Wives, Syfers warned, were replaceable.
If, by chance, I find another person more suitable as a wife than the wife I already have, I want the liberty to replace my present wife with another one.
I Want a Wife was a cutting piece of satire and the depiction of men was far from flattering.
Perhaps I shouldn’t be surprised that Syfers’ piece has been since overlooked. The failure to make a connection between Syfers’ article and Crabb’s The Wife Drought is symptomatic of a wider pattern in popular debate about feminism.
It reflects a tendency to forget past feminisms or, worse, misrepresent them – what historian Natasha Campo describes as the process of “re-remembering” feminism.
Tracing Australian media views of feminism from 1980 onwards, Campo has shown how key tenets of 1970s feminism have been misconstrued.
Feminists were blamed for telling women that they could “have it all” – a claim, as Campo points out, that was more a product of British journalist Shirley Conran’s bestseller Superwoman (1975) than of the organised women’s movement.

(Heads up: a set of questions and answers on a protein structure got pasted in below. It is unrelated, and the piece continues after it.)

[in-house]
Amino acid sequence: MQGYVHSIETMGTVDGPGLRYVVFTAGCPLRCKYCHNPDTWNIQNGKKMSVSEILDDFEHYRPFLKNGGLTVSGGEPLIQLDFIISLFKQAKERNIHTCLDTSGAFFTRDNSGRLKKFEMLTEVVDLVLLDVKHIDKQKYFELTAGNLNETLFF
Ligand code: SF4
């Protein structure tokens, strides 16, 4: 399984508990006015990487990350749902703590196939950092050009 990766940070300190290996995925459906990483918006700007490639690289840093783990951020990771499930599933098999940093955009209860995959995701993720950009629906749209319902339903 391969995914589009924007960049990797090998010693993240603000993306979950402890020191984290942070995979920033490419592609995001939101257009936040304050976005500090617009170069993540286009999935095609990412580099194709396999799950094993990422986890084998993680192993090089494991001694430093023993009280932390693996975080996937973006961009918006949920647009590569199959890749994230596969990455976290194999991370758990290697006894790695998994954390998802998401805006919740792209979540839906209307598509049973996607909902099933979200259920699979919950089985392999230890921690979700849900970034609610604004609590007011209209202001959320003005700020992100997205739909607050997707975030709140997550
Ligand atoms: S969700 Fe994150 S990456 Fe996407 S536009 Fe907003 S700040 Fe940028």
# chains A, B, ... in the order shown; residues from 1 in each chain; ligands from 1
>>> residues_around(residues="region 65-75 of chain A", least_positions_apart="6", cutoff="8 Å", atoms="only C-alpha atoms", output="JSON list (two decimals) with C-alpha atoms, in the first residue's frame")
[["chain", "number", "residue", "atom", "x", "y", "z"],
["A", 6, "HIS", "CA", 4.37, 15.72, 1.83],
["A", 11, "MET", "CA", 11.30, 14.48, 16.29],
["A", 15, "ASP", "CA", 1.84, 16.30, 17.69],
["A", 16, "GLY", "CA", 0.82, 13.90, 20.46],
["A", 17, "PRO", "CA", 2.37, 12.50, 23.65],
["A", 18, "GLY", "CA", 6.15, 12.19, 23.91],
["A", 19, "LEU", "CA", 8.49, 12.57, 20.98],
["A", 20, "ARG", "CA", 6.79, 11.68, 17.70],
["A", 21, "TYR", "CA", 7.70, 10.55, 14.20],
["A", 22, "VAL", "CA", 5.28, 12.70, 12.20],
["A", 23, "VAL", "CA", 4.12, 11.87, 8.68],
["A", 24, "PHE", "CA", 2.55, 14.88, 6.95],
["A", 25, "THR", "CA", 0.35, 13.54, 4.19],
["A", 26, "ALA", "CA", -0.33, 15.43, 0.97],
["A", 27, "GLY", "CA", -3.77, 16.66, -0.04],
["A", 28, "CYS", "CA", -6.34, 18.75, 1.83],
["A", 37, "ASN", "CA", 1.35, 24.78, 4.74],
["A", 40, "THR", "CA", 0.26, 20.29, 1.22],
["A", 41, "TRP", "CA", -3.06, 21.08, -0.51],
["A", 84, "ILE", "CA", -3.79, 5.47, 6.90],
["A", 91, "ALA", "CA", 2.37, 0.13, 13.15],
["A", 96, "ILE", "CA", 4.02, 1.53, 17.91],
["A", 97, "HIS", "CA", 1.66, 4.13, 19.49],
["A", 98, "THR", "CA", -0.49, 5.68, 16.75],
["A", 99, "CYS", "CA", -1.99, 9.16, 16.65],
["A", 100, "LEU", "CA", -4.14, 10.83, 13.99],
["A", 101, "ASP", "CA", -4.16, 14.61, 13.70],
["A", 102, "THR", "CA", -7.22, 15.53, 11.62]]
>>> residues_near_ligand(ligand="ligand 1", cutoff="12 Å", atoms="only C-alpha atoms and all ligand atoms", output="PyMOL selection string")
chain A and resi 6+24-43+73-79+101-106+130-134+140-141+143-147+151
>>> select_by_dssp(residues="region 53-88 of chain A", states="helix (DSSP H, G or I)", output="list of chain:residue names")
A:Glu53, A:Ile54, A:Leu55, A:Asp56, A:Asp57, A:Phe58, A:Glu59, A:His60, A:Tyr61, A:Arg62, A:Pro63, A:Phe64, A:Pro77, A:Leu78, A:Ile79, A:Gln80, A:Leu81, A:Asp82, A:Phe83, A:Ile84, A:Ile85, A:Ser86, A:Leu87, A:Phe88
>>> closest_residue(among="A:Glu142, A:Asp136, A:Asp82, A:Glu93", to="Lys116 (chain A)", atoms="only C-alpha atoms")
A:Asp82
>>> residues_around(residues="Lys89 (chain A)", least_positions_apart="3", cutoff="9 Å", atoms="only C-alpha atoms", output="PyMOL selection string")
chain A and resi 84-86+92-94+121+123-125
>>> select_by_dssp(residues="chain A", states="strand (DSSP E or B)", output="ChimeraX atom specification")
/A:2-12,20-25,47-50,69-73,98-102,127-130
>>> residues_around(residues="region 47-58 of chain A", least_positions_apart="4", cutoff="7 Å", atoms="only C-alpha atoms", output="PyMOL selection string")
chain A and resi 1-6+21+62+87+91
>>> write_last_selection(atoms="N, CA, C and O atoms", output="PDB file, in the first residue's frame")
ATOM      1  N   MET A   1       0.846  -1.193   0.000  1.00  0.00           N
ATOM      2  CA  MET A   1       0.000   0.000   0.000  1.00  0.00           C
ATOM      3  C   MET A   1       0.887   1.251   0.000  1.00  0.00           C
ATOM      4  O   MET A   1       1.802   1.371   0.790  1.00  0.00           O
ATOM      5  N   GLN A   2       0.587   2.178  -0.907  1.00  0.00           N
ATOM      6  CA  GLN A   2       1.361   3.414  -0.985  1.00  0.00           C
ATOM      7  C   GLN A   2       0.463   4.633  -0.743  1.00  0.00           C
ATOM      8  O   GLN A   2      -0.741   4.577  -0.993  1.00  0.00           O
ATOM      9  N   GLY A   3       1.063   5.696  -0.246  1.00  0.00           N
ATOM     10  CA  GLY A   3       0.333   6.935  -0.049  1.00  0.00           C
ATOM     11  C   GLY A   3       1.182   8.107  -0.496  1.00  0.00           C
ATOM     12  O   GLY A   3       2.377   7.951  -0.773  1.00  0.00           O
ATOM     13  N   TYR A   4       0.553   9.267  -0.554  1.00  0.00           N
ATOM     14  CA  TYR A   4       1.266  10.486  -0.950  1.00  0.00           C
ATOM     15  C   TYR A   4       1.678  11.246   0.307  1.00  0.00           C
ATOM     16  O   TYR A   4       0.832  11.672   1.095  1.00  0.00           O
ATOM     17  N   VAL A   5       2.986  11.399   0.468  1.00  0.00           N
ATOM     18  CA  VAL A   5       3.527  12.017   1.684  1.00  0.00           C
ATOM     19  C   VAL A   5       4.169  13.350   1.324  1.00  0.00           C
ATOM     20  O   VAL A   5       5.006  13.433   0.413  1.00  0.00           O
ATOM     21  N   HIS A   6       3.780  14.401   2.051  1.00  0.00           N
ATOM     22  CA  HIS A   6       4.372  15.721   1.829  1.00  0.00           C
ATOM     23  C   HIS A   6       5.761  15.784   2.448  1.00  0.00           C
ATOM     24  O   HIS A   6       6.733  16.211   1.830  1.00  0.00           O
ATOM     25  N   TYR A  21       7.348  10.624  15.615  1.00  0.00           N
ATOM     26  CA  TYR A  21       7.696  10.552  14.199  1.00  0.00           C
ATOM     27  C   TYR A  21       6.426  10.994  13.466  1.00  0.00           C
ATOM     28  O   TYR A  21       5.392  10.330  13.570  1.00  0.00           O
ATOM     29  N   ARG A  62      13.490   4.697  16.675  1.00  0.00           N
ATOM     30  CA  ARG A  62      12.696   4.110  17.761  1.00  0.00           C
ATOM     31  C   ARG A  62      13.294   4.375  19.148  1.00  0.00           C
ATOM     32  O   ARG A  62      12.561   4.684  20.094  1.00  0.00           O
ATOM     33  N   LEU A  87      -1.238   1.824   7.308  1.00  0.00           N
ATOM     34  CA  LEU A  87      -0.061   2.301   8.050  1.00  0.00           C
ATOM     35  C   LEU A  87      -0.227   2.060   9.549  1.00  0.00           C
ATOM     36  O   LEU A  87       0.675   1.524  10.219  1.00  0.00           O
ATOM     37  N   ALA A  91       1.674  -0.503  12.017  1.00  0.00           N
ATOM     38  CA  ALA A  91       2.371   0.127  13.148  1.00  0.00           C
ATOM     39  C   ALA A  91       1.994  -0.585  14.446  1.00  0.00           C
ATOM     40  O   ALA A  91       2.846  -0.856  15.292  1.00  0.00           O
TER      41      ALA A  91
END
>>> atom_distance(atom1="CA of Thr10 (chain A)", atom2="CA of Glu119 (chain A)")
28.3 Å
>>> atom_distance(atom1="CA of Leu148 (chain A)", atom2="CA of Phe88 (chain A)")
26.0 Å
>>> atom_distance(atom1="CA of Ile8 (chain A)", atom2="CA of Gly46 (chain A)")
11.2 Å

Ideas such as equal parenting, which had long been espoused by feminists, came to be presented as “new” solutions.
To her credit, Crabb is much more fair-minded in her treatment of past feminisms. For the most part, she refrains from blaming previous generations for the challenges now faced by women who seek to combine work and family. She also brings a historical sensibility to her work, examining past obstacles to gender equality such as the marriage bar in the public service, which remained in place federally until 1966.
Nonetheless, there is a missed opportunity here to link current dilemmas with those illuminated by feminists like Syfers in the 1970s. The parallel between Crabb’s The Wife Drought and Syfers’ I Want a Wife is a poignant reminder that the insights of 1970s feminism still have much to offer those concerned about gender inequality.
Some ideas may now be outdated and some may be outlandish. But many, like Syfers’ I Want a Wife, continue to ring true today.
Who knows what other feminist ideas might be overdue for a comeback?